Is Phoebe Dynevor's 'Fair Play' Netflix's Best 2023 Movie?

Fair Play Luke Alden Ehrenreich Emily Phoebe Dynevor Netflix
Netflix

Powerful and provocative turnabout is undoubtedly “Fair Play” in writer/director Chloe Domont’s searing psychological thriller on Netflix. A promotion marks the turning point for a young couple living, loving, and working together in the ruthless world of a hedge fund.

When “Fair Play” begins, Emily (Phoebe Dynevor) and Luke (Alden Ehrenreich) are a pair of professionals in messy, blissful love with one another. Hot on the heels of their engagement, their work life gets a jolt when Emily overhears mumblings that Luke has been tapped for a promotion to PM.

Prioritizing her supportive fiancรฉ hat before her professional priorities, Emily makes the mistake of telling Luke what she has heard. Luke is thrilled. There is only one problem. Luke has not earned any such promotion -- Emily has. Thus, setting the stage for “A Star is Born” style wrinkle.

What follows is a tightly woven, suspensefully told story. Netflix’s “Fair Play” conveys so many personal frustrations in one fell swoop that it almost left this viewer giddy with glee. The excuses that failures make for why they fail. (It is never their fault.) How narcissists operate when they feel threatened by the truth of their capabilities. (Scary, angry.) 

It is all here.

Life with a narcissist can be hard to spot. As the word gets thrown around with little restraint these days, people may need a refresher on its intended targets. Watching “Fair Play” gives a more than fair look into the twisted reality they often hide inside. They must work overtime to protect a fragile truth their carefully constructed ego aims to protect at all costs.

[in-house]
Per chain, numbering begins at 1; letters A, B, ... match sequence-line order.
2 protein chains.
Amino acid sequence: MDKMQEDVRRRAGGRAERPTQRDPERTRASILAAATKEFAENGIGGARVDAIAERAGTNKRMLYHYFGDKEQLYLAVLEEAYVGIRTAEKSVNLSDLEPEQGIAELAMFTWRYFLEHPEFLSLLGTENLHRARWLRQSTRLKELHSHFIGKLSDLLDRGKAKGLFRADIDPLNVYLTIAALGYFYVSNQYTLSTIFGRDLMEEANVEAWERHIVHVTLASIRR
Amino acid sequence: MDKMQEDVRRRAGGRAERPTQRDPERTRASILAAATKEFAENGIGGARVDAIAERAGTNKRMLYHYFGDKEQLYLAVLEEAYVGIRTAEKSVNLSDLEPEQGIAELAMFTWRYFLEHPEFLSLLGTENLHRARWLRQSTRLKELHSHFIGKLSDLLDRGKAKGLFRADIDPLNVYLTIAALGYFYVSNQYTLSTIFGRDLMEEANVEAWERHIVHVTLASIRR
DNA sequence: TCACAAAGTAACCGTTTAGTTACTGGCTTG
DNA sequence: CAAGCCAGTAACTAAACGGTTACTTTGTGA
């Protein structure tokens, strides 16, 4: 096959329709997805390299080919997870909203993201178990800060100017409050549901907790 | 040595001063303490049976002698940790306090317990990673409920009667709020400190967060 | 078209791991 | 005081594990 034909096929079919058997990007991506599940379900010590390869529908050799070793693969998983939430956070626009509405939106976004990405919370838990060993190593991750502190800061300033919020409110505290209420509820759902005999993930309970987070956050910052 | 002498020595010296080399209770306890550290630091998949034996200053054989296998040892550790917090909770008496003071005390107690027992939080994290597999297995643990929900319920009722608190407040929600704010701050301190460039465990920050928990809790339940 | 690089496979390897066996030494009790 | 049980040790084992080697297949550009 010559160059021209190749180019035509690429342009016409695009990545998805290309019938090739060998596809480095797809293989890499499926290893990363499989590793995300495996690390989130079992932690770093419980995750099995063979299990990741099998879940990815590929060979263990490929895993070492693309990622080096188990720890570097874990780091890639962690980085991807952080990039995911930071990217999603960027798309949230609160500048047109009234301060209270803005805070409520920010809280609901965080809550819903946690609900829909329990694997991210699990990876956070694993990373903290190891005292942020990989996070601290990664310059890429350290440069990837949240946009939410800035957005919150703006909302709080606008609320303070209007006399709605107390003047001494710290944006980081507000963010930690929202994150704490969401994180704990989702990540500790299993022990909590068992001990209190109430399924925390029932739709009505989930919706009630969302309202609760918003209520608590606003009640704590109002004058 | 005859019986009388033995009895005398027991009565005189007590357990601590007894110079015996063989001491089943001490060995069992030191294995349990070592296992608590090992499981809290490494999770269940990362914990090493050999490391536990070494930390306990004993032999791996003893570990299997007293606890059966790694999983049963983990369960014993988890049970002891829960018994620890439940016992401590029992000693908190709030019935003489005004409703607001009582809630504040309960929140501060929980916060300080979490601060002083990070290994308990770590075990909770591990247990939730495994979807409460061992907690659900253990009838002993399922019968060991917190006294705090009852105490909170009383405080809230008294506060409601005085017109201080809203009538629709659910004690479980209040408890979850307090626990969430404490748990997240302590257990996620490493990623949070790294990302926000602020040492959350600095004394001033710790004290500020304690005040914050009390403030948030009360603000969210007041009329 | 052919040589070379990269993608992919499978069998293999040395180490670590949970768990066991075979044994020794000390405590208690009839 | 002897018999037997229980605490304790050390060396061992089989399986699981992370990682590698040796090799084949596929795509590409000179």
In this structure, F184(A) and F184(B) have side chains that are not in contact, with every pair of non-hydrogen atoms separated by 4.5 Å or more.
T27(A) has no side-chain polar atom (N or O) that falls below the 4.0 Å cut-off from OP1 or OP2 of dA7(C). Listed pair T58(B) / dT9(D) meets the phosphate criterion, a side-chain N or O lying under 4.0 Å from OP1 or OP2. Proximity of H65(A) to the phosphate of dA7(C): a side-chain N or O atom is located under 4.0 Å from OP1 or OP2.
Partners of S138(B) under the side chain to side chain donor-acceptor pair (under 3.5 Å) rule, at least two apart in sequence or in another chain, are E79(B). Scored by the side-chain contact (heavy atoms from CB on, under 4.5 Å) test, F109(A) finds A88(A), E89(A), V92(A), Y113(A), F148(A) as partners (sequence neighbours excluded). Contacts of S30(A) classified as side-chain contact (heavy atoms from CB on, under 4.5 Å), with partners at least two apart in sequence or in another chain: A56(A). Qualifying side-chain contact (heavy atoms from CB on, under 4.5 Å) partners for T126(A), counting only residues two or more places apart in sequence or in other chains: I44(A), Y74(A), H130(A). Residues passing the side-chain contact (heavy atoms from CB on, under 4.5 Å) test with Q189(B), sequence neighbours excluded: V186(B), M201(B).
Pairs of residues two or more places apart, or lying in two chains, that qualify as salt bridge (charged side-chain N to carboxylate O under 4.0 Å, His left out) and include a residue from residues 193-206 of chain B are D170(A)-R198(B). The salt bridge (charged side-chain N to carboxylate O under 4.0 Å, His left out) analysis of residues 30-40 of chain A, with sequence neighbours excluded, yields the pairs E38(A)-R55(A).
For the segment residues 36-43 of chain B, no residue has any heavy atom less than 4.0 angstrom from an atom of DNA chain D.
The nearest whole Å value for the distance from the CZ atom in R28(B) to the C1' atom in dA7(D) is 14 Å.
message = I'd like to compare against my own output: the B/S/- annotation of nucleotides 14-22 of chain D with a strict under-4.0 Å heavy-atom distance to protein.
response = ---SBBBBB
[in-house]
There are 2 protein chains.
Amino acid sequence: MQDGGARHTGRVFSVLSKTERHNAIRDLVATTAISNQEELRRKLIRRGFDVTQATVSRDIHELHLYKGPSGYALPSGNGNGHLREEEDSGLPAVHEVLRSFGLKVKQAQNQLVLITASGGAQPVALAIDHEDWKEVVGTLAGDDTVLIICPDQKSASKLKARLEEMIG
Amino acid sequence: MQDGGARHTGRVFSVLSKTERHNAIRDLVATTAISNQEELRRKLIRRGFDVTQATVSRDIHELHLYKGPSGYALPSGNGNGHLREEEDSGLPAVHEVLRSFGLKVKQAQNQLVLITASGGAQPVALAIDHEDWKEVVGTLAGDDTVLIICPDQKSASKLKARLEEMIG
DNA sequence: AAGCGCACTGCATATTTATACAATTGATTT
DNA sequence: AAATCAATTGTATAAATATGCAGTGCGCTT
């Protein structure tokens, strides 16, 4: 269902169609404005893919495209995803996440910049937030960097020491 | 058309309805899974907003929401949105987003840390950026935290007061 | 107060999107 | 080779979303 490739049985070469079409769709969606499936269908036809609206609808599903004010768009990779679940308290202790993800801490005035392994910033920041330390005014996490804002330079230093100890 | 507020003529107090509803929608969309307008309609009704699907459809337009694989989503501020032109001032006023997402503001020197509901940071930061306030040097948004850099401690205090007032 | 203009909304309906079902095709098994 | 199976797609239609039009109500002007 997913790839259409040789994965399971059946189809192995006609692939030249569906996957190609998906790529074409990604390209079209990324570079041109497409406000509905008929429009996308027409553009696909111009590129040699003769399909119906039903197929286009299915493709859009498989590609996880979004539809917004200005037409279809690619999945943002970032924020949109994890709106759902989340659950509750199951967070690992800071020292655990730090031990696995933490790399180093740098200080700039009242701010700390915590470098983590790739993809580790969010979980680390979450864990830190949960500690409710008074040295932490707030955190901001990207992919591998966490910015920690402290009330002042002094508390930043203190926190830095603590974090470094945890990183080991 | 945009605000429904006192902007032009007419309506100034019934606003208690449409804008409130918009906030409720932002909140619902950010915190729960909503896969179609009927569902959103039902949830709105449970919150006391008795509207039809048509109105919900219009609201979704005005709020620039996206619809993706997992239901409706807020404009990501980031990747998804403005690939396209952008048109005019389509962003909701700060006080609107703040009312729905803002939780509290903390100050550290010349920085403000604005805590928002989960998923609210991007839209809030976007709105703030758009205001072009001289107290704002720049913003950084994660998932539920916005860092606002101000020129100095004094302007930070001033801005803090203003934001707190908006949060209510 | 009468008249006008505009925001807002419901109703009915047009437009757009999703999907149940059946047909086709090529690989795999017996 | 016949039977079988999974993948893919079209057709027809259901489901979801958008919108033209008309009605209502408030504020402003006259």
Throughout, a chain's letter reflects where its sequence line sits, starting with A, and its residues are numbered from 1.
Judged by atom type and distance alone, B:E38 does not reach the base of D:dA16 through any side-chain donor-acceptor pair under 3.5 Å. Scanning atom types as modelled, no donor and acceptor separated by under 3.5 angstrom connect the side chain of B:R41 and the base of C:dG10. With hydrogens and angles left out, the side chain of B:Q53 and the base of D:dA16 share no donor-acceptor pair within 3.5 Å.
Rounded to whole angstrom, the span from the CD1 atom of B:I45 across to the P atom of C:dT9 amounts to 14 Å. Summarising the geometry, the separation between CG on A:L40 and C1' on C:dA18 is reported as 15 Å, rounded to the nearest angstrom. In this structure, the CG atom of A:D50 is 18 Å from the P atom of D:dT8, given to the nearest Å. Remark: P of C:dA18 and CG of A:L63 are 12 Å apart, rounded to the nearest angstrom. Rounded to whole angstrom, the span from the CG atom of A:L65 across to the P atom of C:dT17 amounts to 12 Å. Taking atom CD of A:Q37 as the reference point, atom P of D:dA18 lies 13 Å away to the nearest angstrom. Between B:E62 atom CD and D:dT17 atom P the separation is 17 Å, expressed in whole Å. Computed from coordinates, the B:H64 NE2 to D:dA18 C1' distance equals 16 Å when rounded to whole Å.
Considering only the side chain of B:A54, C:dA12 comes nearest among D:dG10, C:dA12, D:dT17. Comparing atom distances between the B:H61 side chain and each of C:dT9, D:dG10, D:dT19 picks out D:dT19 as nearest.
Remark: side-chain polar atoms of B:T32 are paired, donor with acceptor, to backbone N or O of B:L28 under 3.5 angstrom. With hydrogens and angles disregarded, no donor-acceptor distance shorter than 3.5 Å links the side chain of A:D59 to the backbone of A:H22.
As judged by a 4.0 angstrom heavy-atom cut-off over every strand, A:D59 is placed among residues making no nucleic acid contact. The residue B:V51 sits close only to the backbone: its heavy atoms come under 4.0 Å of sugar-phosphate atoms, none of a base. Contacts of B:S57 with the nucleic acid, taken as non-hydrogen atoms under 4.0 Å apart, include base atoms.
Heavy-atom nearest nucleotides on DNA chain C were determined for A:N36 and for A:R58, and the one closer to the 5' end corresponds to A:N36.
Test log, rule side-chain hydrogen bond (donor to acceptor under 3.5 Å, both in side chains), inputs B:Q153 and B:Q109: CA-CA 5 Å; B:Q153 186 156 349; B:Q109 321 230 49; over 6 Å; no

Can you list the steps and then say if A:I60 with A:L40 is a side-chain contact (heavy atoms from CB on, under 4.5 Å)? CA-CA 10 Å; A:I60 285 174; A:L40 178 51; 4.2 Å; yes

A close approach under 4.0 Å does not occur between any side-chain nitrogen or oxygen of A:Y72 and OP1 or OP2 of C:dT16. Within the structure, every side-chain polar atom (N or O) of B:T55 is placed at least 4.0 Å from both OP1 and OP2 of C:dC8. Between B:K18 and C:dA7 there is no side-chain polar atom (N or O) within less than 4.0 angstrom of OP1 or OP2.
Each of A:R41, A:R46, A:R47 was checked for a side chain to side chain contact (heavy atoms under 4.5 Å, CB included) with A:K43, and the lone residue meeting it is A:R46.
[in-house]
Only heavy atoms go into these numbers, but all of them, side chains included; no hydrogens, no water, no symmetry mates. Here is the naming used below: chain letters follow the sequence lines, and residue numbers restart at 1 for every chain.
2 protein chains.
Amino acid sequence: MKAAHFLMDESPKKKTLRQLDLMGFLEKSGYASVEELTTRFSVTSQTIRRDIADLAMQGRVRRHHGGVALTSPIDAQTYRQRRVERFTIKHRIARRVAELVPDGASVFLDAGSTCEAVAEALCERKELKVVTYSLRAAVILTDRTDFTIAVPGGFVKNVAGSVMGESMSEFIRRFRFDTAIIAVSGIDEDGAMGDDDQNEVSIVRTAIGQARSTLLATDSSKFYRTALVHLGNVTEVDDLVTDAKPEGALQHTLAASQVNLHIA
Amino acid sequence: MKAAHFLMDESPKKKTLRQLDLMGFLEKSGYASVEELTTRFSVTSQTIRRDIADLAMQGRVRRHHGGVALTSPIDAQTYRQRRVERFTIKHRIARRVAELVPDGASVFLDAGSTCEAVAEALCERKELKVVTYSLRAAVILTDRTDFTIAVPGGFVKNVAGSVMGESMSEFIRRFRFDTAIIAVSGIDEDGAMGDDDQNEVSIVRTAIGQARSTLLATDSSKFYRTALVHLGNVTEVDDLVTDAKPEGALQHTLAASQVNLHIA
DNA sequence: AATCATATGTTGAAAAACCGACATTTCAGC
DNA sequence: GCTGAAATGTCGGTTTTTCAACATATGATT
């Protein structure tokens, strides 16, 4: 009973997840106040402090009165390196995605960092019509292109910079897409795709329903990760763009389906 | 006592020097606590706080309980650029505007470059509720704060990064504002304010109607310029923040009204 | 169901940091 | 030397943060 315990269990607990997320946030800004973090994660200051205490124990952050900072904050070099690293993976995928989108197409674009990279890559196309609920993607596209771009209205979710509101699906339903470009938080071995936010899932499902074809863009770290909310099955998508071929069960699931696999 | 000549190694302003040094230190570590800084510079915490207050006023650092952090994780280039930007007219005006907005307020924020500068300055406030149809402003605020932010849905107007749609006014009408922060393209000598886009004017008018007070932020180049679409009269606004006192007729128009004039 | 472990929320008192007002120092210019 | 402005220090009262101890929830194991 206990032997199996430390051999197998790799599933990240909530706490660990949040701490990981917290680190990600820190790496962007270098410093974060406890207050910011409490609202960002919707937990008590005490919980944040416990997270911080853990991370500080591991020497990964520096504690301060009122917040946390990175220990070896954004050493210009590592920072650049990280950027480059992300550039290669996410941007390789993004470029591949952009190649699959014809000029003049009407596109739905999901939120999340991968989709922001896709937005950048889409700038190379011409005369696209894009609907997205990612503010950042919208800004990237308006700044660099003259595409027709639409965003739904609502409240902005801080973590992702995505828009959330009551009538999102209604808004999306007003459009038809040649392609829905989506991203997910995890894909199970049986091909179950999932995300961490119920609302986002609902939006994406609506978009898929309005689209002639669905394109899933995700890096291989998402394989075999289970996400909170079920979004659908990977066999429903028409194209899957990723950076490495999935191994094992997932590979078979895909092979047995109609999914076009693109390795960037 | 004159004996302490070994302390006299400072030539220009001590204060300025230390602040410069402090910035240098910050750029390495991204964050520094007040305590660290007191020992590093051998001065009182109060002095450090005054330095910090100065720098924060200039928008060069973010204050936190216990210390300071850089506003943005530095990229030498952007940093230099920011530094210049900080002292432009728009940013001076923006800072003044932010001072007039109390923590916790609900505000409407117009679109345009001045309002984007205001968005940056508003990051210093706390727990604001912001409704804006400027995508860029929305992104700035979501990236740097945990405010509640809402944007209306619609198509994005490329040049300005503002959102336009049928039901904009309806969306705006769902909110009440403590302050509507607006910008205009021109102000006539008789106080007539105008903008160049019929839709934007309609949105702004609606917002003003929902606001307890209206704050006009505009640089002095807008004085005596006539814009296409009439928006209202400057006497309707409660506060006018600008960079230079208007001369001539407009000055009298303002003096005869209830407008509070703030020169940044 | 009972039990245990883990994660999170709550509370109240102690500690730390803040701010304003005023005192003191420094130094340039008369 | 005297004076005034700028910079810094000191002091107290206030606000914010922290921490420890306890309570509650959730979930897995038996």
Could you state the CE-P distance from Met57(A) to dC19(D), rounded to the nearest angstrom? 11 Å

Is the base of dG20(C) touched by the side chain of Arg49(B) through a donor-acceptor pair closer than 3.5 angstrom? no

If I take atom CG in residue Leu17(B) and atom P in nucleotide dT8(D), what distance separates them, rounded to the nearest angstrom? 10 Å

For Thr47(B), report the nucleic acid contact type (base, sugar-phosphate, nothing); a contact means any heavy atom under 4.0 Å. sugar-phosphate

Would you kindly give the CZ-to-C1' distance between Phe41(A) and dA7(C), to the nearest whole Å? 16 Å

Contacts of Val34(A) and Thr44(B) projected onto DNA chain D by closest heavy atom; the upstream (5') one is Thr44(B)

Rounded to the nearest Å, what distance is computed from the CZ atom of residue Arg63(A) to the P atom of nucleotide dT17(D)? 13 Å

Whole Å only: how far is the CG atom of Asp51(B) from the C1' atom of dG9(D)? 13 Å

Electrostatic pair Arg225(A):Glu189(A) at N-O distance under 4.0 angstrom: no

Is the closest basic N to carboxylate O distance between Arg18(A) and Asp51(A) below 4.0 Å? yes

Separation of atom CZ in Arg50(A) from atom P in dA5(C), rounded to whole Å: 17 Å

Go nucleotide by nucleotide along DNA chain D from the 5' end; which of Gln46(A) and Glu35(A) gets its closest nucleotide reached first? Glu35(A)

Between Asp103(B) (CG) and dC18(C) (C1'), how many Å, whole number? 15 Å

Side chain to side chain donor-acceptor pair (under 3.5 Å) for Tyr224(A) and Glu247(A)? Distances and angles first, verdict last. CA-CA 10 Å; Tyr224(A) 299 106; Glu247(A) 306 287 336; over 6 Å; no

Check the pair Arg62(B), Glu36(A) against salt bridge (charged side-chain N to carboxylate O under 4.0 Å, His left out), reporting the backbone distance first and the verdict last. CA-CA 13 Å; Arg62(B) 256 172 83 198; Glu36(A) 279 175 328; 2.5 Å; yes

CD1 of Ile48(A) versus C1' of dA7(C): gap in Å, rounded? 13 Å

They do not have what it takes to succeed, and they know it. As “Fair Play” so dutifully illustrates, narcissists are at their most dangerous when backed into the corner of exposure. Writer/director Chloe Domont’s dialogue-laden script is brilliant, sharp, and worth watching the film twice to catch again. 

In a year of average movies, “Fair Play” marks one of the year’s first English-language films to be great. Phoebe Dynevor, Alden Ehrenreich, and Eddie Marsan all turn in riveting performances that fit like a power broker’s suit. Even with a custom fit, they find room to breathe with nuanced micro-moments that tell a story without words.

If Phoebe Dynevor, Alden Ehrenreich, and Chloe Domont are ignored this awards season, it will just be further proof of how out of touch those “contests” are.

This is not only an engaging Netflix movie. It is important. The political undercurrent of a male/female relationship is finally splayed out in an informative, messy way that does not miss a beat. At its core, though, is what that relationship looks like when one party is a raging narcissist, and “Fair Play” nails it.

“Fair Play” is currently streaming on Netflix.

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